It said, “These included an ‘intellectually challenged’ man whose C.I.A. detention was used solely as leverage to get a family member to provide information, two individuals who were intelligence sources for foreign liaison services and were former C.I.A. sources, and two individuals whom the C.I.A. assessed to be connected to Al Qaeda based solely on information fabricated by a C.I.A. detainee subjected to the C.I.A.'s enhanced interrogation techniques.”
Many Republicans have said that the report is an attempt to smear both the C.I.A. and the Bush White House, and that the report cherry-picked information to support a claim that the C.I.A.'s detention program yielded no valuable information. Former C.I.A. officials have already begun a vigorous public campaign to dispute the report’s findings.
In its response to the Senate report, the C.I.A. said that to accept the committee’s conclusions, “there would have had to have been a years long conspiracy among C.I.A. leaders at all levels, supported by a large number of analysts and other line officers.”
The battle over the report has been waged behind closed doors for years, and provided the backdrop to the more recent fight over the C.I.A.'s penetration of a computer network used by committee staff members working on the investigation. C.I.A. officers came to suspect that the staff members had improperly obtained an internal agency review of the detention program over the course of their investigation, and the officers broke into the network that had been designated for the committee’s use.
Most of the detention program’s architects have left the C.I.A., but their legacy endures inside the agency. The chief of the agency’s Counterterrorism Center said during a meeting with Mr. Brennan in April that more than 200 people working for him had at one point participated in the program.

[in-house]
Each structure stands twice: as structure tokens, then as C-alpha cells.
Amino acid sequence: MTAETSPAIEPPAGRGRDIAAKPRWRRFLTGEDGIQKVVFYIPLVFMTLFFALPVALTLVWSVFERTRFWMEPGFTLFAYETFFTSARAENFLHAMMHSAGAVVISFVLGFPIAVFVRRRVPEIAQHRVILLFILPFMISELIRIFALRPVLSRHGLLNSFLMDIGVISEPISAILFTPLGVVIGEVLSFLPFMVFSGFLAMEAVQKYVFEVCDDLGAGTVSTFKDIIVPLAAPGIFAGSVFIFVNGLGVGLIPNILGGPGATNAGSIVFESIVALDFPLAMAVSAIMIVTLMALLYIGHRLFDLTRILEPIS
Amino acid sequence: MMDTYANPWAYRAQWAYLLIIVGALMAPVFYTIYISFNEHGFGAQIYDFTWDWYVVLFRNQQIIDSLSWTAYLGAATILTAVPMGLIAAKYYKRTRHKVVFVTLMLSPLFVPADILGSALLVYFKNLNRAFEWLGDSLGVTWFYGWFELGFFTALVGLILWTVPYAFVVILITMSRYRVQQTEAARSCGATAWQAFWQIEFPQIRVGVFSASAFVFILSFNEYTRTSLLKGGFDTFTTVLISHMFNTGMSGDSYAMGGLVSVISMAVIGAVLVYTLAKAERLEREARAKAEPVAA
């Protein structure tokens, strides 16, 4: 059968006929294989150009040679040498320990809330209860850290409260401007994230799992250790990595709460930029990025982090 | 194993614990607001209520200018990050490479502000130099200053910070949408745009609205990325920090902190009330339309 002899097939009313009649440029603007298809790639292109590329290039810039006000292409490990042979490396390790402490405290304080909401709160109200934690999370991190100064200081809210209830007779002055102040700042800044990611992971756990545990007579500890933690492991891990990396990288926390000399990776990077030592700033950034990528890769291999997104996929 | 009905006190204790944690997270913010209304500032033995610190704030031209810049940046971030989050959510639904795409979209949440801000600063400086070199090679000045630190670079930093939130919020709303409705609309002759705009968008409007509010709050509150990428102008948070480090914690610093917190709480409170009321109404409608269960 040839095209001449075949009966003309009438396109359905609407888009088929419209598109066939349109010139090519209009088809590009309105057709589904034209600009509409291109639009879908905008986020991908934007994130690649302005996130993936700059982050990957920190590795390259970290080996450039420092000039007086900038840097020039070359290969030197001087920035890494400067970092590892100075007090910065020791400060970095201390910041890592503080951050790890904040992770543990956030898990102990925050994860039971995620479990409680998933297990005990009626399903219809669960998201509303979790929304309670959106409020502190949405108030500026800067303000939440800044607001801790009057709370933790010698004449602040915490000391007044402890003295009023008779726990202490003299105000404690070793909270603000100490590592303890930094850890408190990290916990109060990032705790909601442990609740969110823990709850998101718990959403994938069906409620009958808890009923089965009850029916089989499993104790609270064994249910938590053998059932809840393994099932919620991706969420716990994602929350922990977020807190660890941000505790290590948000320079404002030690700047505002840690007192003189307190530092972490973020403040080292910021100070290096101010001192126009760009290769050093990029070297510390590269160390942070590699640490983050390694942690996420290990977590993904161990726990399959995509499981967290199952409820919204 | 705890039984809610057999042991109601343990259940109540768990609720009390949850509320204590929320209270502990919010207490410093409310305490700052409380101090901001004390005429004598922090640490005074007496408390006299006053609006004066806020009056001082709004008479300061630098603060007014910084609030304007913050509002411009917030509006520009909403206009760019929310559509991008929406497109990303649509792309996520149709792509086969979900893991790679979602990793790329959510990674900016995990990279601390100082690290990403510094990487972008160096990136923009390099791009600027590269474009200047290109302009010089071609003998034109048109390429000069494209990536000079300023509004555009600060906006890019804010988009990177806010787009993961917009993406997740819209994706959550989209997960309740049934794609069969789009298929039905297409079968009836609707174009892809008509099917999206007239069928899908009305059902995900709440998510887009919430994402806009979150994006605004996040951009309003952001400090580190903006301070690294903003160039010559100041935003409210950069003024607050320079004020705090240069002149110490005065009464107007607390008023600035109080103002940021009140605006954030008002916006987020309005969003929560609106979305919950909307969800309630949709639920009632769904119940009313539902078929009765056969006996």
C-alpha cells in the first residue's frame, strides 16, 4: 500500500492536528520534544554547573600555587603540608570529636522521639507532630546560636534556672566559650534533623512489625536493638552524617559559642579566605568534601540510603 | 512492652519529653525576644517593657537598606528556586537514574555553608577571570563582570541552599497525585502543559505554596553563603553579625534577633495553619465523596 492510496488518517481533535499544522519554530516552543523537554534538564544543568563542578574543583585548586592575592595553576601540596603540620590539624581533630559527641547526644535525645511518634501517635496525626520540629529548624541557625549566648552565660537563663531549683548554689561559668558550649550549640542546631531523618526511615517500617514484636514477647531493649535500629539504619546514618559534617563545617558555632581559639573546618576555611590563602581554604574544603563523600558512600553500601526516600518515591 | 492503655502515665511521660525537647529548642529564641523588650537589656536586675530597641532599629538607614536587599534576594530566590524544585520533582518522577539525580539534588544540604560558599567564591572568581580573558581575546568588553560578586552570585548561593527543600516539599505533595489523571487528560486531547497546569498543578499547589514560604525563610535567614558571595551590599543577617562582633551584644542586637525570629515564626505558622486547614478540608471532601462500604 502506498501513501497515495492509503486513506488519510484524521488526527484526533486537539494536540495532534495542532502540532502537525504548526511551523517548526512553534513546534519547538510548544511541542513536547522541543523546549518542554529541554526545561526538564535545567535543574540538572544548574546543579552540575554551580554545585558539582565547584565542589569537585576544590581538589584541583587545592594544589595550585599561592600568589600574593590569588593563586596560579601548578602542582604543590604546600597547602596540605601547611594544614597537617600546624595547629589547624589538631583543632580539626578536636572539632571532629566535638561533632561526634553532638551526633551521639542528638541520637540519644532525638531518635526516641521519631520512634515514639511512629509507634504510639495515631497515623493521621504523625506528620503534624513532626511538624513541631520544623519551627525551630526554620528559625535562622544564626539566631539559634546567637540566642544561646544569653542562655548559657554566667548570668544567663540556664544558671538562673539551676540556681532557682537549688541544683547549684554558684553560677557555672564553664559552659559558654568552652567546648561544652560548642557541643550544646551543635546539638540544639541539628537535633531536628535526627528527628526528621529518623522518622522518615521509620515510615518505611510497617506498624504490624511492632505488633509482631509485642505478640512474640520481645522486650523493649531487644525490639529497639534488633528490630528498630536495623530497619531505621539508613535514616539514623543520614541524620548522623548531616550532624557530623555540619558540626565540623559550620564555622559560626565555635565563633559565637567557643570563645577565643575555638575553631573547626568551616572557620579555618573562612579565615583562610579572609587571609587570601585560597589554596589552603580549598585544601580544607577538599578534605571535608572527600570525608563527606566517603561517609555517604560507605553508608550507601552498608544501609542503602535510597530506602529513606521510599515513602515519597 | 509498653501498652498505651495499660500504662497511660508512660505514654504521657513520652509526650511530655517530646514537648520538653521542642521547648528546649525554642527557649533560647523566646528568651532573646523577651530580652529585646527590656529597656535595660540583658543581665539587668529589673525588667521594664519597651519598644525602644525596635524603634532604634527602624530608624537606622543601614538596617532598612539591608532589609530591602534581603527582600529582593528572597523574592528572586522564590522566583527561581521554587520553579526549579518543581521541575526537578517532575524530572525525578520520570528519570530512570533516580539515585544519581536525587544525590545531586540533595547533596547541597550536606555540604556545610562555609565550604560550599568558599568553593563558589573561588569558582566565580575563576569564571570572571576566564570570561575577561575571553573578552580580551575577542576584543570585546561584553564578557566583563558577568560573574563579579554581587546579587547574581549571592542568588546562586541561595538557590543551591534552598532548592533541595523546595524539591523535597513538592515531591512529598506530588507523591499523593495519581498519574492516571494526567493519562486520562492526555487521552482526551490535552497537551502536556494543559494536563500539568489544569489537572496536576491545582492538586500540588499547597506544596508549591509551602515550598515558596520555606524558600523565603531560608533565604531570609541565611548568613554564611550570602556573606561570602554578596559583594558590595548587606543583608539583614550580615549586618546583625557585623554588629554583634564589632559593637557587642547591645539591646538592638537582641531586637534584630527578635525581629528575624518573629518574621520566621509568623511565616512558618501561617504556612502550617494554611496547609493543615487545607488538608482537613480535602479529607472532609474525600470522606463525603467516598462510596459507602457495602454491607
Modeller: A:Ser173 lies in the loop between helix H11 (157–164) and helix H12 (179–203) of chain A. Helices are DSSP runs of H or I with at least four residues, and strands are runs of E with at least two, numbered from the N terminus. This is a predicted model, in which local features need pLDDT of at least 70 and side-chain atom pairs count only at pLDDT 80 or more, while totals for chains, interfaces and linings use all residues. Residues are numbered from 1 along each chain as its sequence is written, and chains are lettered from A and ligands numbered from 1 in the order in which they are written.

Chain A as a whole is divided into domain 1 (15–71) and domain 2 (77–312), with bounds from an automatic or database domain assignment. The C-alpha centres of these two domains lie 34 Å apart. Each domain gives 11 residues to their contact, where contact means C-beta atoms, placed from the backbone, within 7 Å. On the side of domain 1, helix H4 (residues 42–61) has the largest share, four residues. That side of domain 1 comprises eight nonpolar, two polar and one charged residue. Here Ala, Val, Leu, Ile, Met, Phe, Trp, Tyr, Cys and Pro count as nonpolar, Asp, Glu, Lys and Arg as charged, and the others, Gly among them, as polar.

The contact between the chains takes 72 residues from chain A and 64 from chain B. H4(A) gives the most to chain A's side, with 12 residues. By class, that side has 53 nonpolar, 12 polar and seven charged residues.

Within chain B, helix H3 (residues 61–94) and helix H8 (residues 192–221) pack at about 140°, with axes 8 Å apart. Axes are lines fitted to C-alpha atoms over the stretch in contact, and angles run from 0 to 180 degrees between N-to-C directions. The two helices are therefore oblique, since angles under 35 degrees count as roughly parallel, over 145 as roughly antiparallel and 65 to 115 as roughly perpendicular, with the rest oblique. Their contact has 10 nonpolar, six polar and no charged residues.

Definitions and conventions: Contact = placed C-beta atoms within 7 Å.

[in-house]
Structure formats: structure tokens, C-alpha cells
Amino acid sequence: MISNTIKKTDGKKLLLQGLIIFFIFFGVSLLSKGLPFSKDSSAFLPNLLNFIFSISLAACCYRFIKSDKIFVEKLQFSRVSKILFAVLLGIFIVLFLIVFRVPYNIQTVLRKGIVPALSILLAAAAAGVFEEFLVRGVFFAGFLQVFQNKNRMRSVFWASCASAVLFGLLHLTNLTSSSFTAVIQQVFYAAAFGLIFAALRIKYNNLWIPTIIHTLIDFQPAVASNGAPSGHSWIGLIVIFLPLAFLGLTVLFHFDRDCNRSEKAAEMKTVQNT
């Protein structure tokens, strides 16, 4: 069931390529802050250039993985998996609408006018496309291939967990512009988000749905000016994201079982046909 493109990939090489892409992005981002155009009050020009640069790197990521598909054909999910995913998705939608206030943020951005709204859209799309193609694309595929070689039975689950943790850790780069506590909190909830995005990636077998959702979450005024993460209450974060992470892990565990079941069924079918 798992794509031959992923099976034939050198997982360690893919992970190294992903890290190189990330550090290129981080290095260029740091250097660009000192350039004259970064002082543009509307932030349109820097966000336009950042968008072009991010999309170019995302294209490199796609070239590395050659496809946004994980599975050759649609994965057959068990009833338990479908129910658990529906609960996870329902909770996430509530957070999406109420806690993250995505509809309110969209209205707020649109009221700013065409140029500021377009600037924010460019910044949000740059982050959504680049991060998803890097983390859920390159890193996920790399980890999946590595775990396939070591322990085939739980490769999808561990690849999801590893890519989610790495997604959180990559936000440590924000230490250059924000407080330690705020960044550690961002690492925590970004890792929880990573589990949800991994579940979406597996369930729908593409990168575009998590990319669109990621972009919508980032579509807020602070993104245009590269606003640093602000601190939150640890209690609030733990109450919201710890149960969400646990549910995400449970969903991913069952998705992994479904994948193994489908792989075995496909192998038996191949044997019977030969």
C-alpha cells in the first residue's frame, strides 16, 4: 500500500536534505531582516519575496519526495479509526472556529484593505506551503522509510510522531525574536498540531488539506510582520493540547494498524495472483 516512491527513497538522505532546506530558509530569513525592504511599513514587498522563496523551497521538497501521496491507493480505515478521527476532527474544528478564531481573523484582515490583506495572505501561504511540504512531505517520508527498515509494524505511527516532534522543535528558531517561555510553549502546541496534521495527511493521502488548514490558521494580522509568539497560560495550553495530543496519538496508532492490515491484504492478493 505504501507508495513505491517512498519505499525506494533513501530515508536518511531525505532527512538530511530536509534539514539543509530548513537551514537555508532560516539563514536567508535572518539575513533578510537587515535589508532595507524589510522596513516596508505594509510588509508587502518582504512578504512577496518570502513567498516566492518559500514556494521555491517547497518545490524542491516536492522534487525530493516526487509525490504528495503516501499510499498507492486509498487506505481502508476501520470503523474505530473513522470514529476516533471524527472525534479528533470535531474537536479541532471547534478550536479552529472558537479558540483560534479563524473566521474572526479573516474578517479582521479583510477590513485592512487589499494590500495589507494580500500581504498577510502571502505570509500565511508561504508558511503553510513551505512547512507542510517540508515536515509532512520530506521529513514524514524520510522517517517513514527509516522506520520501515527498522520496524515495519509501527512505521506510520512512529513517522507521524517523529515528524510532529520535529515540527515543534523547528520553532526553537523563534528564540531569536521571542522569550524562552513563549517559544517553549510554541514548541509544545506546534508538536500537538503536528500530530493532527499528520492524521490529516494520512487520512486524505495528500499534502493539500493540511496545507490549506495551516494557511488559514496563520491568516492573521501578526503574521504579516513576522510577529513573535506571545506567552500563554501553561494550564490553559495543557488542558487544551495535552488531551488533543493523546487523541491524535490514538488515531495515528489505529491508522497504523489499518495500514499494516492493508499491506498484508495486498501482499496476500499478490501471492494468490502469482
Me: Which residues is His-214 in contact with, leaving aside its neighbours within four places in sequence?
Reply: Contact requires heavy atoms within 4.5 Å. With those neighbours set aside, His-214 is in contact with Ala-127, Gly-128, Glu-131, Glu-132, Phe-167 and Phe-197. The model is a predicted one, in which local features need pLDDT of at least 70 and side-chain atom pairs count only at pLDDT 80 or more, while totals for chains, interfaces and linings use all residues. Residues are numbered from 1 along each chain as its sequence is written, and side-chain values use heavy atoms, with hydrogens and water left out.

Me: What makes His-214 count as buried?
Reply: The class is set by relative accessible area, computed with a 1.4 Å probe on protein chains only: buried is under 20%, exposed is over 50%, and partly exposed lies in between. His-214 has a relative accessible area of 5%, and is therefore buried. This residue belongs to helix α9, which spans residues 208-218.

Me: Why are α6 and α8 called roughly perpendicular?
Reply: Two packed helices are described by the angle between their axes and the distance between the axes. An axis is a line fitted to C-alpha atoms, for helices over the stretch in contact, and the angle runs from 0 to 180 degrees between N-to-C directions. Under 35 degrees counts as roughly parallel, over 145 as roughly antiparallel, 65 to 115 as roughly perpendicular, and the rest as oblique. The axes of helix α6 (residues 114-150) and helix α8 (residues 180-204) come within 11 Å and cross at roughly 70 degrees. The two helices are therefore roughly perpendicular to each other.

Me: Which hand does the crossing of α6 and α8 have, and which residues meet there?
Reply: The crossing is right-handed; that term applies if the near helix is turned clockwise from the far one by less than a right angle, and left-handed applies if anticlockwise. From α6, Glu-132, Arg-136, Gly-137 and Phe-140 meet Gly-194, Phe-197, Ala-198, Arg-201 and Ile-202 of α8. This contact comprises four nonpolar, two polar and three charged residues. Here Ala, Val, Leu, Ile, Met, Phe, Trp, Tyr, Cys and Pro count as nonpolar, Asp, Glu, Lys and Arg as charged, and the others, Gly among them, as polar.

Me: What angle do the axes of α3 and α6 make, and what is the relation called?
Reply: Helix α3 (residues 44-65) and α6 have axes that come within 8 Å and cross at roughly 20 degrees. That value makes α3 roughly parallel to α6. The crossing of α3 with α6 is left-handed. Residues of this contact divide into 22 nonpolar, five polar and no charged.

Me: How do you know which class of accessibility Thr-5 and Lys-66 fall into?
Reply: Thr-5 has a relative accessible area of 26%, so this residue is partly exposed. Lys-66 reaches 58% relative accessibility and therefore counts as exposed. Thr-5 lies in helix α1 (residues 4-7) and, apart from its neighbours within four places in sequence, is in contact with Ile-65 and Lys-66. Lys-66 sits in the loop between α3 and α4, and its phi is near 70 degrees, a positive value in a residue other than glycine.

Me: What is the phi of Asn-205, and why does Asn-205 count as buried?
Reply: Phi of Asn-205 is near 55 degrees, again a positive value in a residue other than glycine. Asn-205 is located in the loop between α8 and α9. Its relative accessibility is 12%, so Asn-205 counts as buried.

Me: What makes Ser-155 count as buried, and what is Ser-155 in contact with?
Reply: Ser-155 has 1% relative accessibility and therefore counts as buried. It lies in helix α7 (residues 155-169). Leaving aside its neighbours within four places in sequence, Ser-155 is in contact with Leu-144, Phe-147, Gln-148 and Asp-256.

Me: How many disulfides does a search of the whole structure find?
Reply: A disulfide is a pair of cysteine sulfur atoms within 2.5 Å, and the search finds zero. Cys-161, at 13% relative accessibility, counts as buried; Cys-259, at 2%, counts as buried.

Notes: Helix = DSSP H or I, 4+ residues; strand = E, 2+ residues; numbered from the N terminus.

According to the Senate report, even before the agency captured its first prisoner, C.I.A. lawyers began thinking about how to get approval for interrogation methods that might normally be considered torture. Such methods might gain wider approval, the lawyers figured, if they were shown to save lives.
“A policy decision must be made with regard to U.S. use of torture,” C.I.A. lawyers wrote in November 2001, in a previously undisclosed memo titled “Hostile Interrogations: Legal Considerations for C.I.A. Officers.”
Iyman Faris, left, also known as Mohammad Rauf, and Ramzi bin al-Shibh were held in secret prisons.
The lawyers argued that “states may be very unwilling to call the U.S. to task for torture when it resulted in saving thousands of lives.”
The report describes repeated efforts by the C.I.A. to make that case, even when the facts did not support it. For example, the C.I.A. helped edit a speech by Mr. Bush in 2006 to make it seem as if key intelligence was obtained through the most brutal interrogation tactics, even when C.I.A. records suggested otherwise.
After the C.I.A. transported Abu Zubaydah to Thailand in 2002, two C.I.A. contractors, James E. Mitchell and Bruce Jessen, were in charge of the interrogation sessions, using methods that had been authorized by Justice Department lawyers. The two contractors, both psychologists, are identified in the Senate report under the pseudonyms Grayson Swigert and Hammond Dunbar.
The program expanded, with dozens of detainees taken to secret prisons in Poland, Romania, Lithuania and other countries. In September 2006, Mr. Bush ordered all of the detainees in C.I.A. custody to be transferred to the prison at Guantánamo Bay, Cuba, and after that the C.I.A. held a small number of detainees in secret at a different facility for several months at a time, before they were also moved to Guantánamo Bay.
Taken in its entirety, the report is a portrait of a spy agency that was wholly unprepared for its new mission as jailers and interrogators, but that embraced its assignment with vigor. The report chronicles millions of dollars in secret payments between 2002 and 2004 from the C.I.A. to foreign officials, aimed at getting other governments to agree to host secret prisons.
Cables from C.I.A. headquarters to field offices said that overseas officers should put together “wish lists” speculating about what foreign governments might want in exchange for bringing C.I.A. prisoners onto their soil.
As one 2003 cable put it, “Think big.”
Matt Apuzzo and Peter Baker contributed reporting.